Although not illustrated in FIG. 2c, in various embodiments, using tables 10 and 50, it may be possible to determine leakage currents of four NAND gates G1, . . . , G4 of both IC1 and IC2 for individual inputs (e.g., 00, 01, 10 and/or 11) to the NAND gates.

FIG. 2d illustrates an example table 70 configured to store total leakage currents in one or more circuit elements of two example ICs for various input vectors, in accordance with various embodiments. For example, individual rows 70a, . . . , 70d of table 70 illustrates the total leakage currents in the four NAND gates G1, . . . , G4 of IC1 and IC2 for different values of five primary inputs (e.g., i5).

For example, row 70b may illustrate the total leakage currents in the four NAND gates G1, . . . , G4 of IC1 and IC2 for input vector 10101 (e.g., when i1=1, i2=0, i5=1). The status of various intermediate signals and the output is illustrated in FIG. 2b for this example input vector. For example, in this case, the input to gates G1, . . . , G4 may be 10, 11, 00, and 11, respectively. In various embodiments, consider IC2 with the example input vector of 10101. For this input vector, the input to gate G1 may be 10 (e.g., see FIG. 2b), and the corresponding leakage current of gate G1 may be around 95.7*2.4 nA (from rows 10c and 50a of tables 10 and 30, respectively) or about 229.68 nA. Similarly, the input to gate G2 may be 11, and the corresponding leakage current of gate G2 may around 454.5*0.6 nA or about 272.7 nA. The input to gate G3 may have a value of 00, and the corresponding leakage current of gate G3 may roughly correspond to 37.84*4 nA or about 151.36 nA. The input to gate G4 may be 11, and the corresponding leakage current of gate G4 may be around 454.5*0.9 nA or about 409.05 nA. Accordingly, the combined leakage current of four NAND gates of IC2 for input vector 10101 may be approximately (229.68+272.7+151.36+409.05)*1 nA≈1063 nA, as illustrated in row 70b of table 70. The other entries of table 70 similarly illustrate the total or combined leakage currents of the four NAND gates of IC1 and IC2 for various other example input vectors.

Although the tables in FIGS. 2a, 2c and 2d may be directed towards an example attribute (e.g., leakage current) of four example NAND gates arranged according to an example configuration, in various embodiments, similar tables may be generated for various other attributes (delay, switching power, or any other appropriate attributes) of various other types and configurations of circuit elements (e.g., other types of logic gates, transistors, etc.).

In various embodiments, the table 70 may be generated using information from, for example, tables 1a and 1b. In various embodiments, although the nominal leakage current (e.g., as in table 10) of NAND gates may be known in advance, the scaling factors of various NAND gates (e.g., as in table 50) in an IC may not always be known and such scaling factor may be different for different NAND gates in the same or different ICs.

However, in various embodiments, it may be possible to measure the total leakage current (e.g., leakage currents of table 70). From the measured total leakage current, it may be possible to determine the scaling factors of associated circuit elements. In various embodiments, using the determined scaling factors, it may be possible to identify and authenticate an IC, as will be described in more details herein later.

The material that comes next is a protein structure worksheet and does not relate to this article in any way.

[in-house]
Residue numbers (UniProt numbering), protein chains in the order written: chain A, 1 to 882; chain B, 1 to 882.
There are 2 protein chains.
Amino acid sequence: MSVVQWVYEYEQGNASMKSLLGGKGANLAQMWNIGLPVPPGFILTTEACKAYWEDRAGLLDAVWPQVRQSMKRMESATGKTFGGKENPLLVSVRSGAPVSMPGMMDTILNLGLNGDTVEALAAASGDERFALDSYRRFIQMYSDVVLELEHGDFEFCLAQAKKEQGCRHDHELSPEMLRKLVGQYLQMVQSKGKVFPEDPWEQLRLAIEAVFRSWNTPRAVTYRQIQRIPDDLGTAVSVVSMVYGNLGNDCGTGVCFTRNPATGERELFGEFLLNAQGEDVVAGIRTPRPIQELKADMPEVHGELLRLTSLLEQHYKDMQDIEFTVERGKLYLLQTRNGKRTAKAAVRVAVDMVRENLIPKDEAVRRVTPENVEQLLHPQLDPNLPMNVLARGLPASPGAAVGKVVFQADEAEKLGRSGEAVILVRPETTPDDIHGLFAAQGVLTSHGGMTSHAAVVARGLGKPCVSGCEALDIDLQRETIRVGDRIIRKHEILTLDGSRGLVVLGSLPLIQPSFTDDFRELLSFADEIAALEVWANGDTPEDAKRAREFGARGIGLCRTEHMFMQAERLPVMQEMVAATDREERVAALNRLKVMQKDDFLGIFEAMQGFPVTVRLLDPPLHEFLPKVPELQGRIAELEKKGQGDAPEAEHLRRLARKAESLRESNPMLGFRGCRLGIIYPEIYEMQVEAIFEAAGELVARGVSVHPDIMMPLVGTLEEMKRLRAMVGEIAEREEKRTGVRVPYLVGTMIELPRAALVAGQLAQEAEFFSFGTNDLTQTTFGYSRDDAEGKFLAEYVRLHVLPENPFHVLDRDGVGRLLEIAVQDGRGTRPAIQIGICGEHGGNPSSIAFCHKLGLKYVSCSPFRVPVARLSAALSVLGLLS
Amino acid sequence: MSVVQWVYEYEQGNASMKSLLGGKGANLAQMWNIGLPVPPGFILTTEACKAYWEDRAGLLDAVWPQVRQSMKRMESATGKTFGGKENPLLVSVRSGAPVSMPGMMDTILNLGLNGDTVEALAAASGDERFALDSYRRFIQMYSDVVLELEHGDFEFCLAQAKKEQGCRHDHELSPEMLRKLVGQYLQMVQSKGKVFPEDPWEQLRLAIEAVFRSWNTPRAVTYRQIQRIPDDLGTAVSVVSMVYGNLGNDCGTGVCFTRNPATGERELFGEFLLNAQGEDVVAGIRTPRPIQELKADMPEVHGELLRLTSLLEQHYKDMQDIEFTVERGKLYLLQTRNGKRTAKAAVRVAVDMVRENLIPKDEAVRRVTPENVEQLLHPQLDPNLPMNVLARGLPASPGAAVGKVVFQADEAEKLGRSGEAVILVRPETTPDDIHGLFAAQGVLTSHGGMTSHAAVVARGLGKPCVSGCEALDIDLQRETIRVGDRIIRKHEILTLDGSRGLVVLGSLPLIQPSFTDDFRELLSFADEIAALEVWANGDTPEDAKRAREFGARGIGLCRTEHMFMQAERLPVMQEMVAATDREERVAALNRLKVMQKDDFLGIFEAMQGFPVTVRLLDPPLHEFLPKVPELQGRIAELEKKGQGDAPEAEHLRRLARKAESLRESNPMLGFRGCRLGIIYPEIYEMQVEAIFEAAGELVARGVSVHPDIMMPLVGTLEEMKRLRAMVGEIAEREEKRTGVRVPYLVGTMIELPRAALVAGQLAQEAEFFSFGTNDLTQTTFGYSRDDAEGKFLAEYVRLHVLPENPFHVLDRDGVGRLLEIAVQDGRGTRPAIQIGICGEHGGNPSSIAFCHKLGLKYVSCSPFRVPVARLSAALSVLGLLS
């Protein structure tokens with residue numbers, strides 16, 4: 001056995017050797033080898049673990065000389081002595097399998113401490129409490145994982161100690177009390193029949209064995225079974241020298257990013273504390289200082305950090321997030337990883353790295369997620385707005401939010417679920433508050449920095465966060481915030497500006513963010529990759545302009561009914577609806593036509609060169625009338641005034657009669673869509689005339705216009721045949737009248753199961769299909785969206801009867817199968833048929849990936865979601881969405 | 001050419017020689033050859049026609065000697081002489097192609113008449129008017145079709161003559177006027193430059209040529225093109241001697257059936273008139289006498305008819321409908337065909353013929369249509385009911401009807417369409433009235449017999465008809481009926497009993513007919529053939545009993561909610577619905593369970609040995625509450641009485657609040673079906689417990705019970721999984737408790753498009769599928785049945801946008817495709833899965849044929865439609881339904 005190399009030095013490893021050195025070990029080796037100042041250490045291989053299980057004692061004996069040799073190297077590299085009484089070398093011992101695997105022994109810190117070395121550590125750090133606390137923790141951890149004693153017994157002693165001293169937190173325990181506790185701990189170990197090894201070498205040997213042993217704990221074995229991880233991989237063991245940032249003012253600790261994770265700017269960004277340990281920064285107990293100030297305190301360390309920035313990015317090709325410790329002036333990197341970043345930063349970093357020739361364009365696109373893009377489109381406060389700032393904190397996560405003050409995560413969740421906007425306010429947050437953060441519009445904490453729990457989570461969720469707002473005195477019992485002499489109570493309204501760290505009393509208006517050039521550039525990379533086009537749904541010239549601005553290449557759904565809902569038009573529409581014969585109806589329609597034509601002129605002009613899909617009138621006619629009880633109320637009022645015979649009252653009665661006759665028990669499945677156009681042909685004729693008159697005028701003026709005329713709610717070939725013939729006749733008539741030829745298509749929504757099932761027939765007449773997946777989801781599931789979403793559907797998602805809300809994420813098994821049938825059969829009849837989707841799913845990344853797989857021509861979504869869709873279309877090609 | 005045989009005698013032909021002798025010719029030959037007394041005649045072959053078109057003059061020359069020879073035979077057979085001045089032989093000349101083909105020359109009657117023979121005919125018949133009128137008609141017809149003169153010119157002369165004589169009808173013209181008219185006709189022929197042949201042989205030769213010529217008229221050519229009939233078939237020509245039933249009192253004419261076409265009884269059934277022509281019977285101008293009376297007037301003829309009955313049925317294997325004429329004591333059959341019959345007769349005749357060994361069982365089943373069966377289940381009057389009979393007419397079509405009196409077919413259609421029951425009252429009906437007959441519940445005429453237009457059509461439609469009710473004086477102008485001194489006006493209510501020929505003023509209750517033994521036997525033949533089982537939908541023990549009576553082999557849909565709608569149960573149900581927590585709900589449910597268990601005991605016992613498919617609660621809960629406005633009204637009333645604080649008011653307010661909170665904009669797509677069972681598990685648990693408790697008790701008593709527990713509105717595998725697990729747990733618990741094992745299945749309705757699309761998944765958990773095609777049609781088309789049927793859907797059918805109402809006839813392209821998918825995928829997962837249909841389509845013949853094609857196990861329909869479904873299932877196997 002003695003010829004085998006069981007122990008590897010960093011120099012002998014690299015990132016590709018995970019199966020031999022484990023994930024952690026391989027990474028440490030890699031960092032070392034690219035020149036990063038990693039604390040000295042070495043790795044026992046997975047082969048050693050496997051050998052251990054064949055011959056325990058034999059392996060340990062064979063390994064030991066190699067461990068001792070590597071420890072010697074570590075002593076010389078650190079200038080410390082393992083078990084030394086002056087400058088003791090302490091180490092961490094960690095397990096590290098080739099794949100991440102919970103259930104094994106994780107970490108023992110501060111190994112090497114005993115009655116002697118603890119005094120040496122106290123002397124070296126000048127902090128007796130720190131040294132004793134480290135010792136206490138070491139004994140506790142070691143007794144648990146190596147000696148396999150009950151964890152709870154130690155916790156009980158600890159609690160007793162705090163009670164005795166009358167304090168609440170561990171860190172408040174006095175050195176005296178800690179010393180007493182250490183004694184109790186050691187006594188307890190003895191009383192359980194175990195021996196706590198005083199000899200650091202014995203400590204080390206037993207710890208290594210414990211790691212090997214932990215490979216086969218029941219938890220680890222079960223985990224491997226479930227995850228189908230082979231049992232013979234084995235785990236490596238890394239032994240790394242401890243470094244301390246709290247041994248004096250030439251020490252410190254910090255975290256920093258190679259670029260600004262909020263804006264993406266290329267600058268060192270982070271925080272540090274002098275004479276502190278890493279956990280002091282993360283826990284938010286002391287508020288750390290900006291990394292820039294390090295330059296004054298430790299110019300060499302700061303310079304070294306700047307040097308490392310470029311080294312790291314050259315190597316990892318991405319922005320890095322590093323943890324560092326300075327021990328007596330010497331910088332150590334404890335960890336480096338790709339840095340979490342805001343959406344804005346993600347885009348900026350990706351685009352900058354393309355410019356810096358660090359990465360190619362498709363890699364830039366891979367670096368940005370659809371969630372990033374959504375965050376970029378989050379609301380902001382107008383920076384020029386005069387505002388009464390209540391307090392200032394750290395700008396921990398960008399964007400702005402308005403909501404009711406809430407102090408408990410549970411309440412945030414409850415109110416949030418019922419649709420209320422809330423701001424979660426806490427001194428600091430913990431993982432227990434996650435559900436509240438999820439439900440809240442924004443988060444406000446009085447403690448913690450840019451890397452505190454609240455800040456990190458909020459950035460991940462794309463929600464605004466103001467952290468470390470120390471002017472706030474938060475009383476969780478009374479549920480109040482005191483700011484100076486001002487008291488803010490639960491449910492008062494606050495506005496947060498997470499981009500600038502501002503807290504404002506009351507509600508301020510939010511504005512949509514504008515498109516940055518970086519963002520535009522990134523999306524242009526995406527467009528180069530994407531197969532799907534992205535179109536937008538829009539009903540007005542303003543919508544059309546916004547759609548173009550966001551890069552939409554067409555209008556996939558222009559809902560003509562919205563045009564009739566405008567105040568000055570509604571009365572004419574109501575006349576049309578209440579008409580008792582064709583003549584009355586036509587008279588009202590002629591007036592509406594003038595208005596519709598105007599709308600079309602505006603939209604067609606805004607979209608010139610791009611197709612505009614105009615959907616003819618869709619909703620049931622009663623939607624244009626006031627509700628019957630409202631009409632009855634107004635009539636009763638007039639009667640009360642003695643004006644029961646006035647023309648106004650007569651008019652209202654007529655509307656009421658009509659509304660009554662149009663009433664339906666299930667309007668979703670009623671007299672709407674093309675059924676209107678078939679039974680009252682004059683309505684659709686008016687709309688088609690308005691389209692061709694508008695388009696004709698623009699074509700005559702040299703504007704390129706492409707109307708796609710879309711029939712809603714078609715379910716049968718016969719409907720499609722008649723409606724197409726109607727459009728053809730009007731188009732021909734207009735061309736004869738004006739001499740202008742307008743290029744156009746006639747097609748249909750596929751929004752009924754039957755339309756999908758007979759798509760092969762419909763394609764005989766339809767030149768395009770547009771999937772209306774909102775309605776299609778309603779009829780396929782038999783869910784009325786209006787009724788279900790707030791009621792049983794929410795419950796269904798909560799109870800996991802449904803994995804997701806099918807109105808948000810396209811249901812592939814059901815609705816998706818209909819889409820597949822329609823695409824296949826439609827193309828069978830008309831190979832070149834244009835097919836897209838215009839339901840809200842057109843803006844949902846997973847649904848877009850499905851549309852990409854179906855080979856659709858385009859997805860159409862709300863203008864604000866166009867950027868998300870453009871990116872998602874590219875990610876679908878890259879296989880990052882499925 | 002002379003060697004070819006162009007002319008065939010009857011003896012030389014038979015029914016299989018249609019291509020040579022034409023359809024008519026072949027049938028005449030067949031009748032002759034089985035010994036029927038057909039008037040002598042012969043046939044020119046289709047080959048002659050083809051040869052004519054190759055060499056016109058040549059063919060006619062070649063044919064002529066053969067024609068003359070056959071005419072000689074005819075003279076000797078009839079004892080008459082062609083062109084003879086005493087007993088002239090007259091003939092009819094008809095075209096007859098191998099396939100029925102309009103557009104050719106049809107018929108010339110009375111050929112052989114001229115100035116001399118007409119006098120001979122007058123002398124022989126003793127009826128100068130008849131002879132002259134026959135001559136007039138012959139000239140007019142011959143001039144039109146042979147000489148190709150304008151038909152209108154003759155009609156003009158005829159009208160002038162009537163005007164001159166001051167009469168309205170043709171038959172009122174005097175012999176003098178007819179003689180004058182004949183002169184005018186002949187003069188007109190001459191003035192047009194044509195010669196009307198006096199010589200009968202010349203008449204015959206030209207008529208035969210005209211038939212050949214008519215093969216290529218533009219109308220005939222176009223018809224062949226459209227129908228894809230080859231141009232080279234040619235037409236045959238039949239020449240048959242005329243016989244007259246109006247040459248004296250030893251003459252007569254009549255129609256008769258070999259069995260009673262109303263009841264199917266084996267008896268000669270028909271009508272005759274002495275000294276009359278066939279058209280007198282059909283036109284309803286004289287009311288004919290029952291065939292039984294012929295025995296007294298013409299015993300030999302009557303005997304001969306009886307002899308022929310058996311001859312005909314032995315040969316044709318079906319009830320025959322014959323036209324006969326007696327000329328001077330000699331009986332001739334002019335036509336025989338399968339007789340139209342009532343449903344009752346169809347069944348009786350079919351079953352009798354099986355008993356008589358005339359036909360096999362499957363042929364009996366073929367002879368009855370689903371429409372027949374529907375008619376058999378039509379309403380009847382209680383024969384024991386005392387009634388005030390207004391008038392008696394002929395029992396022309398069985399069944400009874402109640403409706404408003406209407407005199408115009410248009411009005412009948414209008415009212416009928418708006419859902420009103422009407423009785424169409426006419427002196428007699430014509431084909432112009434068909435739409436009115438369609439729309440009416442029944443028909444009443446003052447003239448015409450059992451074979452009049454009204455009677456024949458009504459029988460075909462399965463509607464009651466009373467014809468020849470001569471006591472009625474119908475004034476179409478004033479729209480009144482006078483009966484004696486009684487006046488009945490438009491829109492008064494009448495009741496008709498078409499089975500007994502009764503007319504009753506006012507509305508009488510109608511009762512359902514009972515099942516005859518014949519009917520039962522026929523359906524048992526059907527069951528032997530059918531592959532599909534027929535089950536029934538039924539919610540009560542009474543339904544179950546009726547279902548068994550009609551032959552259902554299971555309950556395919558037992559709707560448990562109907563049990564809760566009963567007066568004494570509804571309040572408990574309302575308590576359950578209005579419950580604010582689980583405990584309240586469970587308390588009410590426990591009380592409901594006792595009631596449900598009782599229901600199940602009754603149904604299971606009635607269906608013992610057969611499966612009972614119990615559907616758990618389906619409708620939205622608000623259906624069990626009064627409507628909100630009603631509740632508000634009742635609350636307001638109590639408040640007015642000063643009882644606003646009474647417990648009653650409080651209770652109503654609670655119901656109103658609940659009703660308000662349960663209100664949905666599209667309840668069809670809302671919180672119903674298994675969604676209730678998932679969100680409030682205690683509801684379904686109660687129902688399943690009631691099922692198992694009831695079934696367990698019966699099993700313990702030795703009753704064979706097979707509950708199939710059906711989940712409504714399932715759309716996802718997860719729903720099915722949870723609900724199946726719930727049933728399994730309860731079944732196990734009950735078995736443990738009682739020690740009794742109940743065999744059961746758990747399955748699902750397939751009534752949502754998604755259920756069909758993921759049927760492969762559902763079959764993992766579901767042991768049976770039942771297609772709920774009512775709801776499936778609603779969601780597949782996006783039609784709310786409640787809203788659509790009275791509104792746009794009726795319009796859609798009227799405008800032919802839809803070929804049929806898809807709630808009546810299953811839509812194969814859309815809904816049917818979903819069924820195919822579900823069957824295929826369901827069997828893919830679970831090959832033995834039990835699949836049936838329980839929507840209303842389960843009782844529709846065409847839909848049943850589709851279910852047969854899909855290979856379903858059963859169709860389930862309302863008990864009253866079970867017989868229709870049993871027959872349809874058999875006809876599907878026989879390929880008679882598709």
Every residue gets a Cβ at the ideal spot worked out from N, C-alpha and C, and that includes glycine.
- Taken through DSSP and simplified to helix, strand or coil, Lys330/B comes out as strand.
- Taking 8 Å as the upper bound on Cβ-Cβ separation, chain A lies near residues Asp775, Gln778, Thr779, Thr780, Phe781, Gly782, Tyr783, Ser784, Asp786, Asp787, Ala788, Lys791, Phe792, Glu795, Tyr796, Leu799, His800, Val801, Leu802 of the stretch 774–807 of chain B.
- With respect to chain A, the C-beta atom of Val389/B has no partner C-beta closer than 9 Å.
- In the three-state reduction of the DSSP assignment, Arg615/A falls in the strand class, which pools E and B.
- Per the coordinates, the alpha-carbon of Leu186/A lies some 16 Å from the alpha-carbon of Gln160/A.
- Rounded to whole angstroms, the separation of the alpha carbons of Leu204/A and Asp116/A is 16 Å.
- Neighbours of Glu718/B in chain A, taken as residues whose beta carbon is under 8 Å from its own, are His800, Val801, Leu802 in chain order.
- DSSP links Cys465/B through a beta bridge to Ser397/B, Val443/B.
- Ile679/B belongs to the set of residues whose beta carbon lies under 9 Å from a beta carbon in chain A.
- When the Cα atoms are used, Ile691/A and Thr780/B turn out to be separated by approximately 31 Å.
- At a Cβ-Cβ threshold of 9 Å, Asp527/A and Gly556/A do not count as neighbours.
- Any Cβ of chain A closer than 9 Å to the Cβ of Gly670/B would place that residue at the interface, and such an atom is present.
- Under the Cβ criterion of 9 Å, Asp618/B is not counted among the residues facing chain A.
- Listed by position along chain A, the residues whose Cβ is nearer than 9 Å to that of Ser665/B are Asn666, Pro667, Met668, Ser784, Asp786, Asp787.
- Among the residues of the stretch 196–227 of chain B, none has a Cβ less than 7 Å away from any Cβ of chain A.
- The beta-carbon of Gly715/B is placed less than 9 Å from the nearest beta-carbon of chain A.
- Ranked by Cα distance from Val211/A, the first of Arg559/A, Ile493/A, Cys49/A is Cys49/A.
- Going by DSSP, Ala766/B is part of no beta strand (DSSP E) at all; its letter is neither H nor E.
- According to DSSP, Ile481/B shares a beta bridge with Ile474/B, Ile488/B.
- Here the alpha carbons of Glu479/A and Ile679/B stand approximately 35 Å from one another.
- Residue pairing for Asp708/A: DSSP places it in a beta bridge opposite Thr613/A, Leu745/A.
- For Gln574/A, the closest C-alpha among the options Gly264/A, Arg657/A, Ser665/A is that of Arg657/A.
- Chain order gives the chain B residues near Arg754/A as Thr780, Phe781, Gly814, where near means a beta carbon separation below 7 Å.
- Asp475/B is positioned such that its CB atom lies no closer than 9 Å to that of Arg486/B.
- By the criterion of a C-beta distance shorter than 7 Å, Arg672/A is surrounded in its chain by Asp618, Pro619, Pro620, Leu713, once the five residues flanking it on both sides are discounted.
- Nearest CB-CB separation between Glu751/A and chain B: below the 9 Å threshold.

Determining Scaling Factors of Integrated Circuits

FIG. 3a illustrates a part of an example IC 200 suitable for practicing various embodiments in accordance with the present disclosure. The IC 200 may include several circuit elements, although only six example circuit elements (three NAND gates X, Y and V, and three NOR gates U, W and Z) of the IC 200 are illustrated in FIG. 3a. Also illustrated are six primary inputs (i1, i6) to the circuit elements, example values of the individual primary inputs (e.g., {i1, i6}=000000), various intermediate signals, and the outputs O1, O2, and O3.

FIG. 3b illustrates an example table 240 configured to store example nominal leakage currents of NAND and NOR gates versus an input to the respective gates, in accordance with various embodiments of the present disclosure. For the purpose of this disclosure and unless otherwise stated, in various embodiments, IABC(xx) may represent example nominal leakage current in circuit element ABC, where the arguments inside the parentheses may be an input to the circuit element. For example, INAND(01) and INOR(11) may represent example nominal leakage currents for a nominal sized 2-input NAND gate for input 01, and for a nominal sized 2-input NOR gate for input 11, respectively.

As previously discussed, in various embodiments, due to a variety of reasons (e.g., variations during the manufacturing process), one or more attributes (e.g., leakage current, delay, switching power etc.) of the individual circuit elements of IC 200 may be different from the respective nominal values. Accordingly, the leakage currents of one or more NAND and/or NOR gates of FIG. 3a may differ from the nominal leakage currents of table 240 by respective scaling factors, as earlier discussed herein. In various embodiments, the scaling factors of the six gates U, V, . . . , Z illustrated in FIG. 3a may be represented by SU, SV, . . . , SZ. In various embodiments, these scaling factors may be determined based on measurement of leakage currents of one or more gates U, V, . . . , Z.